“My heart raced as I stumbled down the steps. I needed to make sure I wasn’t having a horrible hallucination, but I really wished that someone had spiked my soda and that drugs were distorting my reality. Like I was witnessing a train wreck, I wanted to look away but couldn’t take my eyes off them.”
Jaz’ life is a bit of a train wreck. She’s seventeen; the same age her mom was when she was born and she’s just found out her mom is pregnant. However that’s not all, she’s also witnessed something terrible, two people locked in an embrace, two people who shouldn’t be together; her best friend and her mom’s boyfriend. Struggling with her own identity and her place in a small town where people still struggle with the fact she’s mixed race and was brought up by her Grandma, this is just another thing to add to her growing problems.
I really liked If I Tell; I thought it was an amazing story with a strong message of love, loss and identity. It came along, ripped my heart out, smashed it to pieces and put it back in again, and to be honest it was near perfect, however I did have a few niggles.
There was nothing wrong with this story whatsoever which is why I’m starting here. It could come off as slightly predictable but there was none of this insta-love crap and the whole story was built around identity, growing as a person, gaining and losing friendships and learning from your mistakes. There is a lot to learn from this book and it teaches well. I had tears in my eyes through a lot of it and even though I wanted to slap Jaz a couple of times I did really respond to her as a character because I think I would have done and said all the same things if I were here.
The other thing that really stood out in this book was the character. Jaz is amazing, she’s stupid like most 17 year old girls, but really strong and herself, even if it’s for all the wrong reasons. Even the characters I hated, Tina, Nathan, etc stood out because of how well pictured they were in my mind and how strong a character they were on the paper. Lacey, Jaz’ Granma and mom, Simon and Amber were all brilliant characters that jumped out of the page at me, even if they were all the nicest of people. Then we get to the most important ones. Ashley; Jaz’ best-ish friend after Lacey was the one I warmed to the most and the quickest. I loved the description of the tips in her hair and how they change, I got it instantly and I really would have loved to have a friend like Ashley! I liked watching the friendship between Ashley and Jaz, and Ashley and Jackson, grow and I loved that it did. Then Jackson, oh Jackson, I knew from the start he wasn’t a drug dealing bad boy, or was he? He was a great character and lit up the pages whenever he was on them. You don’t meet guys like Jackson in real life often but let me tell you, they are amazing when you do, and they do exist!!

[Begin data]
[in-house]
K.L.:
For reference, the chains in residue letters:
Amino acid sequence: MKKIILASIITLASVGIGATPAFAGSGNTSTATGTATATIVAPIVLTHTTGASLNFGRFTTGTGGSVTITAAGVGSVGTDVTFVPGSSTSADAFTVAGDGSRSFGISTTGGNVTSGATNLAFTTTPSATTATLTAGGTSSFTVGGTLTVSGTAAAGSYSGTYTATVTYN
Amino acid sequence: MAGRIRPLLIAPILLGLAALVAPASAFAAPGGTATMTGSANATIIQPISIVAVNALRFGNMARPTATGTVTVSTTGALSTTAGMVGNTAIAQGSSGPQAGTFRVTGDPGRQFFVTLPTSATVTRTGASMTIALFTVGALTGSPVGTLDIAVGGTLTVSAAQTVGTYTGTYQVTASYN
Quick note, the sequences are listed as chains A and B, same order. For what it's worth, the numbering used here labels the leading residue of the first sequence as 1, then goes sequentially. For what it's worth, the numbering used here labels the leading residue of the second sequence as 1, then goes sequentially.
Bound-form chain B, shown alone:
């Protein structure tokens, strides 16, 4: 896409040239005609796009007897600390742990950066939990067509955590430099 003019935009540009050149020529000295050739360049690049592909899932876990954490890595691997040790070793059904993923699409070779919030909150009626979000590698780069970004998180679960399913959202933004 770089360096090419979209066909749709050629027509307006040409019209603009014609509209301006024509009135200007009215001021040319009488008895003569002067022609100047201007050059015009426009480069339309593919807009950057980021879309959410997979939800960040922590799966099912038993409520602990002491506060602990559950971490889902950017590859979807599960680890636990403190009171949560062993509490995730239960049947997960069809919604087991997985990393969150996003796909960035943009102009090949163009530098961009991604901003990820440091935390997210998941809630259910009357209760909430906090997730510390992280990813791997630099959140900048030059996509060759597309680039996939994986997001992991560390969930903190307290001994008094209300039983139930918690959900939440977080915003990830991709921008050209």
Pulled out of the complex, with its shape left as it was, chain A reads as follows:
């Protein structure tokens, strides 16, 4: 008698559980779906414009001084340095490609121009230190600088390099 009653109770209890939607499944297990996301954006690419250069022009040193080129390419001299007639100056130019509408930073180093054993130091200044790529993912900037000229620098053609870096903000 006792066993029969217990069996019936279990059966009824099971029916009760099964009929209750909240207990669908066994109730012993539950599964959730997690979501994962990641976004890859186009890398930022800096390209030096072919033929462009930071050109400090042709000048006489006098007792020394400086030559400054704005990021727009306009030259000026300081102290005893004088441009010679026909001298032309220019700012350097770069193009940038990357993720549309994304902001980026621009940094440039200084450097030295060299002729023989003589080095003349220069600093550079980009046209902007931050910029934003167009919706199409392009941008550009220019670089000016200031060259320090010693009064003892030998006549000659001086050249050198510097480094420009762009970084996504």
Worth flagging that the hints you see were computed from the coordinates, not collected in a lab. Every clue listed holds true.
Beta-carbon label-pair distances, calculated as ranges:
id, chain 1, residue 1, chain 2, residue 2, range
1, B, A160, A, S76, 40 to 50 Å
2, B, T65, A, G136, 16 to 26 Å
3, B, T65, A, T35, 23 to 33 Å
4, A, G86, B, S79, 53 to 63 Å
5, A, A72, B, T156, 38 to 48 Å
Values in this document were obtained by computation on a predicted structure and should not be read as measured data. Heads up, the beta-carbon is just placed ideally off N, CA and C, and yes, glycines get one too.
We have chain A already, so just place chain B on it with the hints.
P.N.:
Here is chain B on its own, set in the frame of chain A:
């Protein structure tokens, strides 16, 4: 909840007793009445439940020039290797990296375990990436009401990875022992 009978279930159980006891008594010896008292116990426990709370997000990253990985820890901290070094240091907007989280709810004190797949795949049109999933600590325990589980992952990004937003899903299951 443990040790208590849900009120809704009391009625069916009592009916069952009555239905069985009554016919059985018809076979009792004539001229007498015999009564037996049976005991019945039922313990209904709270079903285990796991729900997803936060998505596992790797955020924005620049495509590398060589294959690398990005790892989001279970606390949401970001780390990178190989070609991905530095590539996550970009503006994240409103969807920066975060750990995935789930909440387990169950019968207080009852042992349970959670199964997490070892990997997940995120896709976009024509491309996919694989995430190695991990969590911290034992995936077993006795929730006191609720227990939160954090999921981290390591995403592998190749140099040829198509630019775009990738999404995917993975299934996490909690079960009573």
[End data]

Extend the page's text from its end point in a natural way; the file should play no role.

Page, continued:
I did have two major niggles with this book; one was the writing/editing… It was great in most places and I really thought it was fast paced and just right for what I like, I loved the way the book started (the quote above) and it actually carried on most the way through like that… however – and I’m going to try and explain this in an as unspoiler-y way as possible – when Jaz’ mom goes into labour, Jaz had been doing her volunteering, which is a Wednesday night, this is stressed throughout the book… however EVERYONE referred to the night her mom went into labour as a Friday, and Jaz wasn’t at school the next day, or meant to be or anything… and that really stressed me out. I tried going back over the pages to check to see if I’d missed something but I’m certain I didn’t, it was normal karaoke night! It was a Wednesday! ARGH! Little things like that get to me… I’m sorry.
The other thing was a bit more plot based. If I Tell is based in the modern day as far as I could tell. So when Jaz was fourteen, when the major “thing” happens to her (sorry to be so vague but trying not to spoil!) it would have been well after 2000 and I can’t believe the horribleness of her fellow high schoolrs, her town or her old “friends” it shocked and appalled me that there might be places as racist and sexist and homophobic like this around… and I’m not talking just one or two people, it was EVERYONE! It really got to me and thought it was a little extreme, but maybe I’m wrong and I’m just fortunate as I haven’t come across a place like that before!
If I Tell was released in the US by Sourbebooks Fire in Oct 2011. My copy was received for review via netgalley.